What I did expect going in, however, was the over-the-top tone that the series has reached meme status for. I was not disappointed. Everything from the expressive, elongated character designs; to Lelouch’s Shakespearean monologues; to the action scenes themselves, feasts for the eyes from Sunrise at their absolute peak in terms of coordinating mecha action; tied into the no-holds-barred approach that show took. Nothing was underplayed, everything was overplayed. But not in an obnoxious way either – the show clearly knew itself well and took everything with a good sense of humour and excellent tonal direction, at least in the first season.
It was exactly this type of over-the-top mecha melodrama action that draw people to the show in the first place, and is what continues to draw people in (like myself) to this very day. It made moments such as Zero’s defection and the Zero Requiem so memorable, and in turn masked the somewhat short-sighted thematic relevance. Add into this a cast of characters perfectly crafted to act in such an environment, and it’s no wonder that Code Geass has persisted for so long.
Even so, there is one black sheep in the room that we absolutely need to address before we can talk about R3. That’s R2 – season two of Code Geass. Now, I should start by saying that I don’t hate R2. It’s only one point down from season one according to my AniList, and there were moments that I really enjoyed in it – the Zero Requiem being an obvious one. But it’d be inaccurate to say that R2 didn’t have some major flaws – flaws that R3 needs to keep in mind not to repeat, lest it suffer the same fate that R2 did among fans.
My first major gripe with R2 was mainly a problem for the first six or so episodes of the show. After that, this problem didn’t rear it’s head much more – backtracking.
The finale of season one left us on a tantalizing cliff-hanger – Suzaku had discovered that Lelouch was Zero, and had set out to kill him and put down the rebellion for once and for all. Season one bowed out with the image of Suzaku and Lelouch, guns bared, ready to do away with one another – the dramatic conclusion to a whole season of intrigue, tension and excellent character development.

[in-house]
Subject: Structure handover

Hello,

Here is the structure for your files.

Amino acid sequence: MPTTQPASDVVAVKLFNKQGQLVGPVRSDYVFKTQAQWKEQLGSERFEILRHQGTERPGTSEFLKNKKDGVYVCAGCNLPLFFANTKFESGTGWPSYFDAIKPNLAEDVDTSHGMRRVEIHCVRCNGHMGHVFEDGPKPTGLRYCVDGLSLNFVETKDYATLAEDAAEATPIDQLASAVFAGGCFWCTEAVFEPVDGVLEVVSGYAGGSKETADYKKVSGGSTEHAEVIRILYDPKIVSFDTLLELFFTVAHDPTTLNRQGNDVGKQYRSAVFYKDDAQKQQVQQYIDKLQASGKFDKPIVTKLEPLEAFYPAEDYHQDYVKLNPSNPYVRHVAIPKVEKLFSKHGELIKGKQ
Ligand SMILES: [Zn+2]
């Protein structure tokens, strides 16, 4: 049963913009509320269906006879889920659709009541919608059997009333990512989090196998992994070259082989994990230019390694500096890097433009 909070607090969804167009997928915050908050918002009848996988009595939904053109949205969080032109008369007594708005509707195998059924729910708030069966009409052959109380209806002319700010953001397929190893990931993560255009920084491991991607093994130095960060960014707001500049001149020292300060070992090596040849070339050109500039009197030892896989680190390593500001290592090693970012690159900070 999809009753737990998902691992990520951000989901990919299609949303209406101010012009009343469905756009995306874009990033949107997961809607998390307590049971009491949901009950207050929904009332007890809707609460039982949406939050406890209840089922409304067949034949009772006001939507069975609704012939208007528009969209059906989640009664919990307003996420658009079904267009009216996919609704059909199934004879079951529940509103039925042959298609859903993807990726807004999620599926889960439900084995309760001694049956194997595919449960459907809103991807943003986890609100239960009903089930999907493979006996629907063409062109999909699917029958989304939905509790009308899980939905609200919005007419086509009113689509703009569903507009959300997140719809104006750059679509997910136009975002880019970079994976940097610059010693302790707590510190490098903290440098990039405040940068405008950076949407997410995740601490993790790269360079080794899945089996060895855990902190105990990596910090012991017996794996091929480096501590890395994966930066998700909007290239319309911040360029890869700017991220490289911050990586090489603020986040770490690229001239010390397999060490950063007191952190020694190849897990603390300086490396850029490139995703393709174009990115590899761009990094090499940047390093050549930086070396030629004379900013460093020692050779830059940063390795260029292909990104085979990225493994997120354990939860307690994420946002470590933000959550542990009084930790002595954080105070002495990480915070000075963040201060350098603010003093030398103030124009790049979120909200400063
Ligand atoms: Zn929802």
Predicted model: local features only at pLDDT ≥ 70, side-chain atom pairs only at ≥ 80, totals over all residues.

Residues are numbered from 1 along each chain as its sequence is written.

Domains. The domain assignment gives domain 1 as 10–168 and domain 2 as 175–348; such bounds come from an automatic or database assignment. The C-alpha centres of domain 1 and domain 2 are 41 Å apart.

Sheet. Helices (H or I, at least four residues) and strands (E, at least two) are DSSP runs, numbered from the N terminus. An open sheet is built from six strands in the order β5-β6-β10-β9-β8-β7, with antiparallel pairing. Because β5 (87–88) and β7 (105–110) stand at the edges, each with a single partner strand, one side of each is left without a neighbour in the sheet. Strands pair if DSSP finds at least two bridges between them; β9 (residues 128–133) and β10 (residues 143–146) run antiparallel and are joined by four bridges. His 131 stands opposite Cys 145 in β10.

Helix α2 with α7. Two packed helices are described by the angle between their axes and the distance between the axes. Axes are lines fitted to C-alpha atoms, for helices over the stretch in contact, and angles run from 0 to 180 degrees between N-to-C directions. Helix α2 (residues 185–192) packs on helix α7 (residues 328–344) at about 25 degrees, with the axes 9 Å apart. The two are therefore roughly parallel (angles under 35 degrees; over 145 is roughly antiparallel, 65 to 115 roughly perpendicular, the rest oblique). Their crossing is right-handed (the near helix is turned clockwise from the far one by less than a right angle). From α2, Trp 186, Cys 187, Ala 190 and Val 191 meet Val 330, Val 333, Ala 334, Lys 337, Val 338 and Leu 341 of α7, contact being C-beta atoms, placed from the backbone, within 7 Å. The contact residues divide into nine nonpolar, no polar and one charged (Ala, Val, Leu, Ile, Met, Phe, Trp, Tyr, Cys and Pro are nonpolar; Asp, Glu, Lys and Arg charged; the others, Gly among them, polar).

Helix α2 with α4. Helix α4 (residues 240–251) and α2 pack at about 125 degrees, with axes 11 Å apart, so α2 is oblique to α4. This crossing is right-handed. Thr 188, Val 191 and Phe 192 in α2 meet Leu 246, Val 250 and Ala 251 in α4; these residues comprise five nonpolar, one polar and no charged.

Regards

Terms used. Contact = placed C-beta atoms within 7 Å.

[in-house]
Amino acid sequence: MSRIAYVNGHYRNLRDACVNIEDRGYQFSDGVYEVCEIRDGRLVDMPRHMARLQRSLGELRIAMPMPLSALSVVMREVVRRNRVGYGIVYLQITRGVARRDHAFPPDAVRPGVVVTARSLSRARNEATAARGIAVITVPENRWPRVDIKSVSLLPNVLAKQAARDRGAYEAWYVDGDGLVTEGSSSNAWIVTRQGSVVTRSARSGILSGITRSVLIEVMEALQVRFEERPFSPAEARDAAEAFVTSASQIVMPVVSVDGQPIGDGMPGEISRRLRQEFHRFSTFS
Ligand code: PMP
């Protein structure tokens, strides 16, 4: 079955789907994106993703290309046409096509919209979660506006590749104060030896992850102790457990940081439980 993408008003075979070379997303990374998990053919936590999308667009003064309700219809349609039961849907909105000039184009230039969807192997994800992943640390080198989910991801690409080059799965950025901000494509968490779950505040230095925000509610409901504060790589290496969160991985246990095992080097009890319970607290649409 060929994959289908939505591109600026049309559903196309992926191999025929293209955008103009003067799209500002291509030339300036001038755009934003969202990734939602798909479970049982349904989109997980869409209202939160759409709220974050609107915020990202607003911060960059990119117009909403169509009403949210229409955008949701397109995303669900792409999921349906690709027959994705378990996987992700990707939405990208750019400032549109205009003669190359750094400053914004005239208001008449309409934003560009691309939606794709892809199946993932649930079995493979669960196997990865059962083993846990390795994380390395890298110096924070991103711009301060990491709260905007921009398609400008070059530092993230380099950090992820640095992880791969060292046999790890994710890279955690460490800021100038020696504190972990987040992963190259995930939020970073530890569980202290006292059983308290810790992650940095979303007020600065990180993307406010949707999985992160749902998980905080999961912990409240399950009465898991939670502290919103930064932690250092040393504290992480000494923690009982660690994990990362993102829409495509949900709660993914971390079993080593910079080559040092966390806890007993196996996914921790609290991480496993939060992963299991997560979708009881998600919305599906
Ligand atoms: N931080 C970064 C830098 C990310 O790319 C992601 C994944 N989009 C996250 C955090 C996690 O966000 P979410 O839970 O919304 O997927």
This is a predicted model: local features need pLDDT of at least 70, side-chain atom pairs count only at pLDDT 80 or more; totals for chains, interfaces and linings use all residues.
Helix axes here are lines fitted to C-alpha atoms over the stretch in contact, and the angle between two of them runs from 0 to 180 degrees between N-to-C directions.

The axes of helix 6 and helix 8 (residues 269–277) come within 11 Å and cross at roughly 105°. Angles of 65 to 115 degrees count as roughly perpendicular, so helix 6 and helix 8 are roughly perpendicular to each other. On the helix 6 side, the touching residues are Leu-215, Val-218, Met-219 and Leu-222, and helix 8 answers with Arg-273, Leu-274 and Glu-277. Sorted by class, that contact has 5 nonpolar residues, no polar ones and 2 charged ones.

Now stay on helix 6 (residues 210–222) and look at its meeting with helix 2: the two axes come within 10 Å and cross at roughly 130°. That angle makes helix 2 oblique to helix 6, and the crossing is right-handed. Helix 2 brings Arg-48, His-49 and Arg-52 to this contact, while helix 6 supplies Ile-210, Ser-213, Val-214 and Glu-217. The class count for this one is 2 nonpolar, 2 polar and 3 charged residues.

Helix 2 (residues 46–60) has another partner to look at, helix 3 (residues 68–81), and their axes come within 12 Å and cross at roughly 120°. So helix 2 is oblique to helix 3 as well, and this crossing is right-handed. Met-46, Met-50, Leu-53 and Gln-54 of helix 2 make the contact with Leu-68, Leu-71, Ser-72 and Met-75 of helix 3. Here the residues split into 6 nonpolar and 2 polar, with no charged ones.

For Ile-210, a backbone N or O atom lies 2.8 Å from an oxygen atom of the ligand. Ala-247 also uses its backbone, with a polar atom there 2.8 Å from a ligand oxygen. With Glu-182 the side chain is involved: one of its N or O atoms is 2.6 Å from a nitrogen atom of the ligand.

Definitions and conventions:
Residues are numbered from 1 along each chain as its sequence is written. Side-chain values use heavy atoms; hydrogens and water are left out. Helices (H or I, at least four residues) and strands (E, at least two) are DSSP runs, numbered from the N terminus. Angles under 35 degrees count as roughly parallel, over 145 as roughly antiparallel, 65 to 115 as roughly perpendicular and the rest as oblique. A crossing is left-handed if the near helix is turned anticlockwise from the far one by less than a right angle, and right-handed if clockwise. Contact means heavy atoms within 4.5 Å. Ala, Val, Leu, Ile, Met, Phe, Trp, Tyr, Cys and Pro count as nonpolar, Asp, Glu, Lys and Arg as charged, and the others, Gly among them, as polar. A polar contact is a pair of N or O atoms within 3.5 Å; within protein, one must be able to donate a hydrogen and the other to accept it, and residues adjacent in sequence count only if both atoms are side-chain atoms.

Yet, at the beginning of R2, we find ourselves back at square one. Lelouch has been brainwashed by the Emperor, meaning that he no longer acts as Zero nor has the intellectual capacity that such a role demanded. Suzaku is forced to keep quiet about the identity of Lelouch, since the Emperor plans to use Lelouch as bait to recapture C.C. My problem was not with this plot point itself, since this change in dynamic from the pursuit of Zero to C.C. neatly provides R2 with a new focus as well as allowing the writers more freedom with the Zero character since he is no longer being actively pursued. My problem was with the frustrating amount of backtracking that this entailed.
All the character development of season one is essentially erased because of this backtracking – although, admittedly, Lelouch does regain his memory after the first episode, it is Suzaku who never fully breaks free of this backtracking to become an interesting character once more until the Zero Requiem arc, almost three-quarters of the way through the series. The fact that Lelouch was so quick to recover signals to me that the writers knew that viewers would be at least somewhat frustrated with this, and therefore decided to at least restart Lelouch’s arc sooner rather than later. Well, I would argue that just resolving the problem of backtracking for Lelouch does not lessen the pain – it merely frustrates viewers more, since the problem is only half solved.
Another character who suffers from this is Shirley. She had her memory wiped by Lelouch in season one, which carried over into R2. For the most part of season two, her character has returned to the clumsy, typical love interest that she was before her character development in season one. Thankfully, there is an element of tragedy to this, as Lelouch must interact with her on a daily basis and is reminded of the sacrifices he must take as Zero, for the sake of the rebellion. Yet, this tragedy is removed when Shirley once more regains her memory, only to be killed shortly after. Furthermore, in this short period where she had regained her memory, she goes through the same arc in discovering that Lelouch is Zero that we already saw in season one – confounding her character development even more, and devaluing her eventual death massively.